This game, only $20, gives you a pretty realistic representation of what it’s like to drive a big rig around Nevada, California, and Arizona. Although this review is based only three runs runs: Reno to Truckee, and Reno to San Rafael, and San Rafael to Huron. On the first run I damaged the truck a little getting out of the loading dock (the hardest part of the game). On the third run, I ran the truck off the road and got stuck, and had to call for assistance.
Graphics look great with my Nvidia GTX 1050 Ti videocard and a 2560×1440 monitor.
I’m using an Xbox 360 wireless controller for PC to control the truck. Steering is very fussy using the left joystick of the controller. The game has sensitivity settings for the steering; I adjusted it down and I think that helped a little with the steering.
The game is in 1:20 scale, so a 5 hour drive in the real world only takes 20 minutes in the game. And yes, 95% of the world is missing, so it’s only a simulated experience and not the real thing. Furthermore you are only allowed to drive on designated roads; you can’t wander around on the side streets because they don’t even exist.
It’s a much more mellow game than Overwatch, no one is trying to kill you. I didn’t even get a traffic ticket for not being able to stay in my lane and for accidentally turning the wrong way down a one-way street. I hear that this game is popular with older men.
The unrealistic part of this game is not the graphics or how the truck operates, but the fact that driving a truck is very profitable. Even though I drove the truck off the road, I still got paid handsomely for the run. Maybe in the past driving a truck was a decent middle class job (my grandfather drove a milk delivery truck in New York City), but today driving a truck is very low paid work, and someone who drives the truck off the road won’t get a job again. In the near future there will be self-driving trucks, and all truck drivers will be out of work.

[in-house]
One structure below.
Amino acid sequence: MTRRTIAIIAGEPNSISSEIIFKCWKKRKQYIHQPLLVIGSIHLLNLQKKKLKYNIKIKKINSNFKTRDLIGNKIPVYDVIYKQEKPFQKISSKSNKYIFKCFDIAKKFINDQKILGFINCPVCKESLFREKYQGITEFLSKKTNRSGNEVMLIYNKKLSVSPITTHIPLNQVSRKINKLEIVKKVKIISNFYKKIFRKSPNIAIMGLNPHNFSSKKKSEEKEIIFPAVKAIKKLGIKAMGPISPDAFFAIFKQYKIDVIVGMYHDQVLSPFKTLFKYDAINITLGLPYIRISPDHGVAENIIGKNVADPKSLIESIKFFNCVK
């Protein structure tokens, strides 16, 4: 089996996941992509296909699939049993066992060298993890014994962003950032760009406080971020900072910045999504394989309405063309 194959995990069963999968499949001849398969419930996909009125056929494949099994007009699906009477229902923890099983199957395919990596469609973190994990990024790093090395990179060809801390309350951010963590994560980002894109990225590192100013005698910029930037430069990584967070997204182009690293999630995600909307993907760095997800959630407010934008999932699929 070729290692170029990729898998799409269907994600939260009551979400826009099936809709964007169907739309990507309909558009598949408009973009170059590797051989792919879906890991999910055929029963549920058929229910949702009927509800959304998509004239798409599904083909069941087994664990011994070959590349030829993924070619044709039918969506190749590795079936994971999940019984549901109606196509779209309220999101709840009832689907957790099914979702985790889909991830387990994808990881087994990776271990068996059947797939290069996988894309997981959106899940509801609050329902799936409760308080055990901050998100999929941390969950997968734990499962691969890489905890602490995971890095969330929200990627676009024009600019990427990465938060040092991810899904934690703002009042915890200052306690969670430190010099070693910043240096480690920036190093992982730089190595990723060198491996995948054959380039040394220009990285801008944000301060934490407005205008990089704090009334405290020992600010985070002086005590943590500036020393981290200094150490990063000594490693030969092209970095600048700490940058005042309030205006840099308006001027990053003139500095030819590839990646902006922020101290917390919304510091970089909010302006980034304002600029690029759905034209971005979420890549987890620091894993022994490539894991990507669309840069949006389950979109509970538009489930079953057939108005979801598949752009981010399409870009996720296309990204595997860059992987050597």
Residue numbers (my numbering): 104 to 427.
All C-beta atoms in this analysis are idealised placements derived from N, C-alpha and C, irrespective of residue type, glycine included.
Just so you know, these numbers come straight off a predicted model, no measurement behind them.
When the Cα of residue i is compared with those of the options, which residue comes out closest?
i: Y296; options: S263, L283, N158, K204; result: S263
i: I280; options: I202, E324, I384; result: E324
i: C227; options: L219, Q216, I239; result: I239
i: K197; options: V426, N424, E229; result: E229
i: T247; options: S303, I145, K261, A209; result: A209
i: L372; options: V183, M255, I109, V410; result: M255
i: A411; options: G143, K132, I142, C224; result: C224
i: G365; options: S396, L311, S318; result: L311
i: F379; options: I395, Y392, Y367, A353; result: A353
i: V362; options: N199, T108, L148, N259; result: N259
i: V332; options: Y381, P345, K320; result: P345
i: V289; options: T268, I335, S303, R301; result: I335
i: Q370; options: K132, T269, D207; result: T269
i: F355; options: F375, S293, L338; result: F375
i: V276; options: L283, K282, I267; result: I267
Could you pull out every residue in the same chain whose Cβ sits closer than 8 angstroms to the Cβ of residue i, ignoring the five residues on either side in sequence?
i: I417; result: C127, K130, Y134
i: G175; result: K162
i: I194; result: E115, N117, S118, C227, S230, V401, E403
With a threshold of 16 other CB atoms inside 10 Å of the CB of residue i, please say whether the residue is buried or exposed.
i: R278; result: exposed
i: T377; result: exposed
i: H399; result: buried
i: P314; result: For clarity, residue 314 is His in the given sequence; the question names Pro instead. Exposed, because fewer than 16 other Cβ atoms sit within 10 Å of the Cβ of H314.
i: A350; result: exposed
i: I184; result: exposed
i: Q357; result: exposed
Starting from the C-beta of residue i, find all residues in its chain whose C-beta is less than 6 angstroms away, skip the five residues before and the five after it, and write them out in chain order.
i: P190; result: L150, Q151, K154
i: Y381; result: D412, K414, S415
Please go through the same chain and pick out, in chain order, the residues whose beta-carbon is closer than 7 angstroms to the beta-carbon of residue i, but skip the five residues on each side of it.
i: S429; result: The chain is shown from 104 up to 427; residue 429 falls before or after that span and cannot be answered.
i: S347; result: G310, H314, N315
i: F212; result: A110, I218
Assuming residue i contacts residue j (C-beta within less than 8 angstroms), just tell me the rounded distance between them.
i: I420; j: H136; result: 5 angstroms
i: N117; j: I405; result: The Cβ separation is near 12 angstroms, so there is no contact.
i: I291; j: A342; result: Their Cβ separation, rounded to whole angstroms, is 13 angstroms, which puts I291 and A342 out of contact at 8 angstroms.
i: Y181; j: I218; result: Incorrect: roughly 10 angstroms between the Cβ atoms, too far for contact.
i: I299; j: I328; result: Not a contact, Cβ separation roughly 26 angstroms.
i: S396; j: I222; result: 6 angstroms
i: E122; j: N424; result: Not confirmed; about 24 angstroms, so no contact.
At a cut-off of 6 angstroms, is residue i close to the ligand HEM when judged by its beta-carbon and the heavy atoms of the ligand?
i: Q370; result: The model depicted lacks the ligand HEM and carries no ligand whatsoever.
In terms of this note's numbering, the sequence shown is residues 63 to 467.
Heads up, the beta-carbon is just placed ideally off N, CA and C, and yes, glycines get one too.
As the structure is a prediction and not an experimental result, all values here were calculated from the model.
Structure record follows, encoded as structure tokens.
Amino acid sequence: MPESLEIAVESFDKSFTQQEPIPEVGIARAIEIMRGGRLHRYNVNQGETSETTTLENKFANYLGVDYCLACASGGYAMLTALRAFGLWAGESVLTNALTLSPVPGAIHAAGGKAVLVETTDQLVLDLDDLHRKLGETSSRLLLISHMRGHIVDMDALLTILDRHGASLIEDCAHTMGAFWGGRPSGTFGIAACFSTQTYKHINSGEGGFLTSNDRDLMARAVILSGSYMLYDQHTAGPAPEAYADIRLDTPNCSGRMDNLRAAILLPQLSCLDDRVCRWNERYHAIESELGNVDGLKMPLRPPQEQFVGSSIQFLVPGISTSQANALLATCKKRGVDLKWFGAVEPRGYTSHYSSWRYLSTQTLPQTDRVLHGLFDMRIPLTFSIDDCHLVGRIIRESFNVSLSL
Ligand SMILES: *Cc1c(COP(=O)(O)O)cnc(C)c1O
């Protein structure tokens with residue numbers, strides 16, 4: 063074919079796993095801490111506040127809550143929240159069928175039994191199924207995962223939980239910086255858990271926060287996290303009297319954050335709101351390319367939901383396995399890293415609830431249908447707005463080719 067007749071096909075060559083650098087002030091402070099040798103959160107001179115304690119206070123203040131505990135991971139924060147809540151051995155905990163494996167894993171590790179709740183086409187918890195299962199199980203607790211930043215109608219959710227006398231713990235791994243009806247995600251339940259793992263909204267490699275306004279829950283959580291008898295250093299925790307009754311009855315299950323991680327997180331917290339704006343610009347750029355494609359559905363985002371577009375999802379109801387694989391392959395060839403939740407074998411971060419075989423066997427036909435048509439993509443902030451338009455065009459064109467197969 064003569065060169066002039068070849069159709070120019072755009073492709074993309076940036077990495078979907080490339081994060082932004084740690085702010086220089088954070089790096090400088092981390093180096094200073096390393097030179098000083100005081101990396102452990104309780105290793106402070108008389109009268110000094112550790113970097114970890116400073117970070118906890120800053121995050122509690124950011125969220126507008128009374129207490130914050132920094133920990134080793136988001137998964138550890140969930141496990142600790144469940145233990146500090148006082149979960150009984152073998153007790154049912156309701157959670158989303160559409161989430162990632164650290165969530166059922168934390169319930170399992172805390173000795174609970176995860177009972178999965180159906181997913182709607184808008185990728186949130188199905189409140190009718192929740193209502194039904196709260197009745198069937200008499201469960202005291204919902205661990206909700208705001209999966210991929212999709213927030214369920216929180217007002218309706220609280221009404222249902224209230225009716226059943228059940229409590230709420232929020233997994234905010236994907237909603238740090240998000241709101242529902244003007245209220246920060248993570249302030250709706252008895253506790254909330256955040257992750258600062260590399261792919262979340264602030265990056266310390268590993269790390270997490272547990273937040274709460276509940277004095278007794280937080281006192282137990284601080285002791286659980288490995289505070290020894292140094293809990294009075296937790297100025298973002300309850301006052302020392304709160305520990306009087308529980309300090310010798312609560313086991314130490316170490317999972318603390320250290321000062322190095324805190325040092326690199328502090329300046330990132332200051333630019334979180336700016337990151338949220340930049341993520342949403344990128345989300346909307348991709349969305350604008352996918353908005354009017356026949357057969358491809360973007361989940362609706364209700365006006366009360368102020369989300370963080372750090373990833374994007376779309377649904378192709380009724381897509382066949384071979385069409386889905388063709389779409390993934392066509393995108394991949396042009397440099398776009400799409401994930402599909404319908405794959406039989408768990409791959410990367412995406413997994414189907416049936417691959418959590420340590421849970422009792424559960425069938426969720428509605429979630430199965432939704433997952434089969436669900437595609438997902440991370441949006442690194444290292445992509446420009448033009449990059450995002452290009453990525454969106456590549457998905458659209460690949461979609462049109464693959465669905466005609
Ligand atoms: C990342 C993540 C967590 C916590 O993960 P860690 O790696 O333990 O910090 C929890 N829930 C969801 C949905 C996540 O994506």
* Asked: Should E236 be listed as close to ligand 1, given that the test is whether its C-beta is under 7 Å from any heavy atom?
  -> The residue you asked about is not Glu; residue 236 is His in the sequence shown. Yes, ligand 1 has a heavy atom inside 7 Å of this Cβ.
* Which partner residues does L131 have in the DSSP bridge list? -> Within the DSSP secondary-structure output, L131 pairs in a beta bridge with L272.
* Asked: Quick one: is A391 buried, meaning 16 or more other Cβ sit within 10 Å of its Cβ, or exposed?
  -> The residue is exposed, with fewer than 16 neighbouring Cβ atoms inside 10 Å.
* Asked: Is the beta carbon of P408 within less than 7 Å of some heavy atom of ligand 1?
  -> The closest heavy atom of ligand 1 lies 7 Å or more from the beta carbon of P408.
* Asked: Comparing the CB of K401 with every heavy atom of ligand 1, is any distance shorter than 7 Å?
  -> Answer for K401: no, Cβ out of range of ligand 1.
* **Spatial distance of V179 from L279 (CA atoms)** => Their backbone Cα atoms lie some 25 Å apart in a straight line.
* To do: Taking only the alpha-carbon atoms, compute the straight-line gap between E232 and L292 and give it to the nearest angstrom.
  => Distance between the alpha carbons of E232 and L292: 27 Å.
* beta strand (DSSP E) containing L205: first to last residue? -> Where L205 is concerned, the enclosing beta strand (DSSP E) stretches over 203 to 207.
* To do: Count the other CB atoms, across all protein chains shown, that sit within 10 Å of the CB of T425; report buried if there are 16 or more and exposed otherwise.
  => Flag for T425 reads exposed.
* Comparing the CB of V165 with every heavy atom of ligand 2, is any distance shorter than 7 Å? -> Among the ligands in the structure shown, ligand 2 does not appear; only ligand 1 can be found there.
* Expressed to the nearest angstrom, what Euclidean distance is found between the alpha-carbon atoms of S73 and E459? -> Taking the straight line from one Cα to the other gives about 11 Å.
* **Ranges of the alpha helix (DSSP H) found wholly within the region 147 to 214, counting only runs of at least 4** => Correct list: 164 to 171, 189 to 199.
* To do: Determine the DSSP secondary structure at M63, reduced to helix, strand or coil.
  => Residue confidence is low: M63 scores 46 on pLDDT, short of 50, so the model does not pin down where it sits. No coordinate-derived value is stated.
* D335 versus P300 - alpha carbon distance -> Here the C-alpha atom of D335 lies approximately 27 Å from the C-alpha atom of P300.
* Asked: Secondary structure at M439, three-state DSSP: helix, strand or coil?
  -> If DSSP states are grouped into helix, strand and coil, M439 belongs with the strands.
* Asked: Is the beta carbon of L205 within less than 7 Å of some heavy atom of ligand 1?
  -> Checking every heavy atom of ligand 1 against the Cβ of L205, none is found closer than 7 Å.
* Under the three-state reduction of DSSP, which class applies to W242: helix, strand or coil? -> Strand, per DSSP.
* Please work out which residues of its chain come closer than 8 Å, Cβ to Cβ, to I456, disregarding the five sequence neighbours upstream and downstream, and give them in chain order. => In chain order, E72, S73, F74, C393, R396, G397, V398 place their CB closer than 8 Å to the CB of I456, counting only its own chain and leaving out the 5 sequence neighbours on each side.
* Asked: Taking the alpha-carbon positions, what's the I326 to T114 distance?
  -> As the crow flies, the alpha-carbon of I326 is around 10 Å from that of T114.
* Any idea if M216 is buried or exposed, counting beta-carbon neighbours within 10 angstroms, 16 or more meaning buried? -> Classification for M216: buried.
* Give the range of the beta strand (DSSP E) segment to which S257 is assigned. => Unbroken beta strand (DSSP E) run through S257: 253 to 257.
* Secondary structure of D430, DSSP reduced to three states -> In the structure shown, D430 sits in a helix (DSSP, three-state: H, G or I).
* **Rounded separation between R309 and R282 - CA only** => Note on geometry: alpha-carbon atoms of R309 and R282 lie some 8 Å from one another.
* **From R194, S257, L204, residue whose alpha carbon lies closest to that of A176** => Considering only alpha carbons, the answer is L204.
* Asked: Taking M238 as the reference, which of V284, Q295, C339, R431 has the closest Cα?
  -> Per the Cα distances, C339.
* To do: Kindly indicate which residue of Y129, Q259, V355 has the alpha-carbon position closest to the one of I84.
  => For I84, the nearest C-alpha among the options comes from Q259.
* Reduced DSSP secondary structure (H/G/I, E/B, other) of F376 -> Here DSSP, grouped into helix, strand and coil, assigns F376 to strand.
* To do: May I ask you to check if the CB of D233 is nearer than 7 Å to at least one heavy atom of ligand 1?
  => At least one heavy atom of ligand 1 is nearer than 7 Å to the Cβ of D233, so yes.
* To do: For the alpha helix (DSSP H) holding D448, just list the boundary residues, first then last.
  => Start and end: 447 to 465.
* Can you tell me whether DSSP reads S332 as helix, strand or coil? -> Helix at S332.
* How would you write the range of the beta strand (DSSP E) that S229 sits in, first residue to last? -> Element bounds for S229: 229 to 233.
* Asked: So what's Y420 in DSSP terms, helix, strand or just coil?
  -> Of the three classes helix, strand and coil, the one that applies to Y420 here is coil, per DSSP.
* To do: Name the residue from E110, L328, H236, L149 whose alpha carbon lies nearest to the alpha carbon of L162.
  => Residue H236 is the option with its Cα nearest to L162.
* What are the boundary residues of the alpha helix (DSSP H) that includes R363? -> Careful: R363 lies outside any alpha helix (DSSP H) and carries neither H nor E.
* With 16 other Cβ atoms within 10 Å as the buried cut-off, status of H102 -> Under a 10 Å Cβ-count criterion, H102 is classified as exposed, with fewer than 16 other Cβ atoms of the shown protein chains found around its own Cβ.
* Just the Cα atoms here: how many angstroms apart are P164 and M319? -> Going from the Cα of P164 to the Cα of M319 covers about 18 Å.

In the screenshot above, I’m heading for Santa Maria, CA. It’s dawn. There’s a very light rain, so my windshield wipers are on. There are three “cheat” elements displayed: the left and right rear-view mirrors on the upper left and upper right, and the GPS display on the lower right (which also has other useful info like your speed and gas tank level). You can turn those off for a more natural experience, and then you have to use the right joystick on the Xbox game controller to look around at your mirrors, but the game is hard enough without also having to deal with that. Also, you’ll have to use the smaller in-dash GPS that’s to the right of the steering wheel.
And now I’ve just gotten off the highway at Santa Maria.
Played five competitive matches tonight: two draws, one loss, two wins. So I moved up very slightly in the ranks. Need to get to 1500 to get out of the bottommost tier.
Tomorrow is a big day. A new hero will be introduced to Overwatch, Orisa, who is a black African female robot, thus adding more diversity to the game and totally destroying the archaic notion that heroes are white male humans.